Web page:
An article in today’s New York Times points out that the Chinese Internet is more about entertainment than anything else — a point made many times on this blog, most recently in regard to Google’s withdrawal. The author, David Barboza, also notes:
The surprising power of online communities in China has Communist Party leaders worried about the ability of online social networks to spread viral messages that could ignite social movements, and pose a challenge to the party and its leaders. They saw what happened to Han Feng, a midlevel party official in southern China, when his private diary was recently posted online.
However, the article in the English edition of Global Times that the link in the quote points to suggests that the case of this official is not a good example for the power of the huddled online masses to target individuals, rightly or wrongly, in human flesh searches. Rather, it seems to suggest a deviation from this trend. As the article points out, the initial outrage gave way to overwhelming online support for the official (facing ten years in prison), spearheaded by Han Han, as someone who has at least been honest in his accounting for his affairs and not harmed others. Despite the irony of the statement, the tide of opinion is clearly in support of Han Feng, the official.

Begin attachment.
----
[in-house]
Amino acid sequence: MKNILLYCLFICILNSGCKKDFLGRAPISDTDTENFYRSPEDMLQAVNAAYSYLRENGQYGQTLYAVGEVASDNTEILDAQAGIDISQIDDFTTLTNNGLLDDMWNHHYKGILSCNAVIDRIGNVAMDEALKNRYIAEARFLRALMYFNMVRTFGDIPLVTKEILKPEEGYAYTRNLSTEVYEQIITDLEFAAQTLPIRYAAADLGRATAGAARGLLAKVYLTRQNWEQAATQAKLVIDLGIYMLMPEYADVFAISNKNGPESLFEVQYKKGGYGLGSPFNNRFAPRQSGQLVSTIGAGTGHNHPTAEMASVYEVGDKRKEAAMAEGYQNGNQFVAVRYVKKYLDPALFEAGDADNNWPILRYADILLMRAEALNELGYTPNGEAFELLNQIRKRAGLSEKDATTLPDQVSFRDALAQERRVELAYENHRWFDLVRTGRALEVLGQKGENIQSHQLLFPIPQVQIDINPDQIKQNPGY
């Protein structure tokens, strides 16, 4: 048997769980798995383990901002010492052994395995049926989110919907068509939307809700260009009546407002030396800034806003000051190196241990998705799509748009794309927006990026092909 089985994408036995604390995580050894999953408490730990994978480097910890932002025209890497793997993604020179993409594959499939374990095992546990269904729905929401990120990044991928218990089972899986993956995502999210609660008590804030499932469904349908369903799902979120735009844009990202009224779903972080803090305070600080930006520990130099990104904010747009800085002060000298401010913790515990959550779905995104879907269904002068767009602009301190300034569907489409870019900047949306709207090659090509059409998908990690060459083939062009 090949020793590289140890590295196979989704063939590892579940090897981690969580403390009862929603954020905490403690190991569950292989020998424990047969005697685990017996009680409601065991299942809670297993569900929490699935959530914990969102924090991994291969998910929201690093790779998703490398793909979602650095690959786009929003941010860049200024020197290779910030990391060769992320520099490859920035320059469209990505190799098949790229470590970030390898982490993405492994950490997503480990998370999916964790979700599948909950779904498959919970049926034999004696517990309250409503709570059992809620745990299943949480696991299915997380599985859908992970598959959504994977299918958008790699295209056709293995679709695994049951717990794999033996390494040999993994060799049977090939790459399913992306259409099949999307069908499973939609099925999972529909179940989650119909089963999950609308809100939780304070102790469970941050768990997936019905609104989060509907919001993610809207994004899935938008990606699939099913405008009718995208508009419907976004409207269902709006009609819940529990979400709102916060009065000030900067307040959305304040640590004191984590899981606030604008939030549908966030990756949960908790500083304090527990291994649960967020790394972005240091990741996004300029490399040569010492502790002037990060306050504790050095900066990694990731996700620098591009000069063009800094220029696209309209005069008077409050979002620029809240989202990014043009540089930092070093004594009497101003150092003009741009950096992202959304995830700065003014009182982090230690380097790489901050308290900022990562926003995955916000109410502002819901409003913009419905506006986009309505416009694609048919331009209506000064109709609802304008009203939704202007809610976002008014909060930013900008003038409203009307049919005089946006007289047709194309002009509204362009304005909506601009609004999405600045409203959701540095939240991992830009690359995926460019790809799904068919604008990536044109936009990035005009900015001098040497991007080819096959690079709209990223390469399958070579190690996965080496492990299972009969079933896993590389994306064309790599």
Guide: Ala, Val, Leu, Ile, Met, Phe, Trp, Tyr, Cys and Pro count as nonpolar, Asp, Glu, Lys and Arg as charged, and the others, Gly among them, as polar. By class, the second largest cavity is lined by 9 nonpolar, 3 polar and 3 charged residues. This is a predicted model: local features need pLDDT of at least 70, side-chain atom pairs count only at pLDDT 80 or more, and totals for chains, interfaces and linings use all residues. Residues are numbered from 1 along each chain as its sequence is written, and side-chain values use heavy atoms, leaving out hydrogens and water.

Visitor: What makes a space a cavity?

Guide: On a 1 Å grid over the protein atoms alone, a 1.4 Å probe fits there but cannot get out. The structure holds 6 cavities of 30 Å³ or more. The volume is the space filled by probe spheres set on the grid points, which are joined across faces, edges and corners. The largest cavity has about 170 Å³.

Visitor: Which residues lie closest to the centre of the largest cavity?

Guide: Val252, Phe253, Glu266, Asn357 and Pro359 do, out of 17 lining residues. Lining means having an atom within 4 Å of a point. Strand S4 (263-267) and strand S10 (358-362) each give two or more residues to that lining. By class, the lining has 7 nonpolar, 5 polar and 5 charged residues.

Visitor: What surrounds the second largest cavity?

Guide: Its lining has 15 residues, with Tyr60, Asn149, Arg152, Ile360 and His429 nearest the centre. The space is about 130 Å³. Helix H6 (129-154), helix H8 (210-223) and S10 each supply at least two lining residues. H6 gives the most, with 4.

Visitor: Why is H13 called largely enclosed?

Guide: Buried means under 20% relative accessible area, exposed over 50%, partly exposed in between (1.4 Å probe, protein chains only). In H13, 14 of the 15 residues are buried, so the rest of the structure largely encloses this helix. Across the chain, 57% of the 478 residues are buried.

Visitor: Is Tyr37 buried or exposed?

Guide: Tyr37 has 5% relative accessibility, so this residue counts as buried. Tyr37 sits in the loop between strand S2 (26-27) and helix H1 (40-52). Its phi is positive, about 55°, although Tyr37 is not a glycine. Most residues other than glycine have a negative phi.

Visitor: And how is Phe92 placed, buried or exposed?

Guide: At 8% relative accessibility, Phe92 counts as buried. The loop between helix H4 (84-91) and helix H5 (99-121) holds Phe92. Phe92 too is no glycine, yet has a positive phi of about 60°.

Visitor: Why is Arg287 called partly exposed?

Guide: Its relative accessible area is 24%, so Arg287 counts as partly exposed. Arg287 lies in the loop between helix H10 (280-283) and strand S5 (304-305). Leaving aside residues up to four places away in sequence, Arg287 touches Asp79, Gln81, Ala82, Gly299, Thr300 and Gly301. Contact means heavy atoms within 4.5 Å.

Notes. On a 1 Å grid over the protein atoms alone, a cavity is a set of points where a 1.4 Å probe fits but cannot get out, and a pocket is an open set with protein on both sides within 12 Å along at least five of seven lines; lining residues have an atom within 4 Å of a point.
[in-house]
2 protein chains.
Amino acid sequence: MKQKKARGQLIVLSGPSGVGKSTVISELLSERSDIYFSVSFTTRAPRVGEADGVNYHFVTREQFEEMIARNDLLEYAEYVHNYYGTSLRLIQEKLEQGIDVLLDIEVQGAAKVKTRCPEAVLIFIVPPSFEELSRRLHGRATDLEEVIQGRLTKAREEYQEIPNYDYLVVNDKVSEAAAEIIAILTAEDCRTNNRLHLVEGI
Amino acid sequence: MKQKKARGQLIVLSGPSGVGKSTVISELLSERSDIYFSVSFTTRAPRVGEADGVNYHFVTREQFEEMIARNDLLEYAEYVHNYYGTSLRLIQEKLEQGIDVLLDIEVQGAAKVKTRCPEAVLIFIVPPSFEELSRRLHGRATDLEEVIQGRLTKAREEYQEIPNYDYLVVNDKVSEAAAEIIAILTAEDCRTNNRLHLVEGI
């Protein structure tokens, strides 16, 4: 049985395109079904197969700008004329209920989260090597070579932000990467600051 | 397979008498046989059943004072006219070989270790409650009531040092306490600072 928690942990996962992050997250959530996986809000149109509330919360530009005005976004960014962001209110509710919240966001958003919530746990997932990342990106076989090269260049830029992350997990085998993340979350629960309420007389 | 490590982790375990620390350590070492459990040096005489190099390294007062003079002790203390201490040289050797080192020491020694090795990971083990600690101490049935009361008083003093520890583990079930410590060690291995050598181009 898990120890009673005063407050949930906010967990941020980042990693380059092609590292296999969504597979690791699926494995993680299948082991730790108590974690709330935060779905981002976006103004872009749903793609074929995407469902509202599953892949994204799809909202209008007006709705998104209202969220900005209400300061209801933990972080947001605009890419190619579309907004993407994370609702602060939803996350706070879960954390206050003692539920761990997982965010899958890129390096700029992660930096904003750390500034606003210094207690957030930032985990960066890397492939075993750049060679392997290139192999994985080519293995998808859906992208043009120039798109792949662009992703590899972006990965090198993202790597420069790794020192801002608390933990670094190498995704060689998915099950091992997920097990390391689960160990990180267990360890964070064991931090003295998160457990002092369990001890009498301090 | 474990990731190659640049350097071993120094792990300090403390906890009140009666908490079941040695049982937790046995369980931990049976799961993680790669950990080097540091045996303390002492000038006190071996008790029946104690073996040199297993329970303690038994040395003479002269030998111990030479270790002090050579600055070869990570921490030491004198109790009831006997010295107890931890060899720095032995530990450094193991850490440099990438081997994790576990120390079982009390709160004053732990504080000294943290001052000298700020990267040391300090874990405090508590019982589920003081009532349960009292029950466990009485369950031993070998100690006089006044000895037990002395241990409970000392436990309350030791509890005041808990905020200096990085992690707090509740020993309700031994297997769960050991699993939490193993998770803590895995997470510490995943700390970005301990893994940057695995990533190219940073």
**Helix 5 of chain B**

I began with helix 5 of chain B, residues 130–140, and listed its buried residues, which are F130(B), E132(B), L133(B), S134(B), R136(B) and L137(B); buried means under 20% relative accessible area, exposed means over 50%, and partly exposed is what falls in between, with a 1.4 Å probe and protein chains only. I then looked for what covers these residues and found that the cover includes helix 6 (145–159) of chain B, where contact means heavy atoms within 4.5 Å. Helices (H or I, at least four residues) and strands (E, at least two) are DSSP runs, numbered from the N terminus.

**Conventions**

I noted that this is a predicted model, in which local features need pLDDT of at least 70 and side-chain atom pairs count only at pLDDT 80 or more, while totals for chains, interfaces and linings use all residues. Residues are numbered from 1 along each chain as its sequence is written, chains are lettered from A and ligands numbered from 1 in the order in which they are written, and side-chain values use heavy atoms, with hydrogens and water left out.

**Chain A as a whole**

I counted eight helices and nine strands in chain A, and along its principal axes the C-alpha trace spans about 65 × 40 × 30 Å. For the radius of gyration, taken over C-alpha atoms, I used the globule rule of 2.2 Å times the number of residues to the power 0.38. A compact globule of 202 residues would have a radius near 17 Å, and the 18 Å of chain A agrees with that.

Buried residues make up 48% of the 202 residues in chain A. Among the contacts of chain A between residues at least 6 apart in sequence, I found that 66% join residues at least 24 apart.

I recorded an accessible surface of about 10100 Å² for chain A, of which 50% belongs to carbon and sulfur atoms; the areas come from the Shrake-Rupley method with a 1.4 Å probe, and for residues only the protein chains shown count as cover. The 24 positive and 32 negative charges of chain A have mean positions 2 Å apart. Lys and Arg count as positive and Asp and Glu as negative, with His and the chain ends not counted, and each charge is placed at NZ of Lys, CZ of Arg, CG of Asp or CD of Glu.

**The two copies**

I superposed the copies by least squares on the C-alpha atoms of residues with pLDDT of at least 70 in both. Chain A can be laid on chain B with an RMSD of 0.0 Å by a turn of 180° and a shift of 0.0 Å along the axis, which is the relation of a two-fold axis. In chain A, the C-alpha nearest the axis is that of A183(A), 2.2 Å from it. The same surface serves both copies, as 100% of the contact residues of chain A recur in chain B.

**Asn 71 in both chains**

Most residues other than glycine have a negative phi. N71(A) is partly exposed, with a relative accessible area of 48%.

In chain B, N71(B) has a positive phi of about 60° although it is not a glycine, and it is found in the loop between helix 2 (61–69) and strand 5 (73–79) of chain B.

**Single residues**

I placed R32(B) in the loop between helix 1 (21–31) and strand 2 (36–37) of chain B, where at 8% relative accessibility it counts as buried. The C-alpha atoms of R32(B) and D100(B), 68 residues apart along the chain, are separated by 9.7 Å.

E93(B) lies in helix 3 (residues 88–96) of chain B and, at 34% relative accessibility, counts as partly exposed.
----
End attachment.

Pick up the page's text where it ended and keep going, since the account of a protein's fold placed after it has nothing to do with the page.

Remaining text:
So is this just an example of how fickle online mobs are? Or the beginning of a new trend?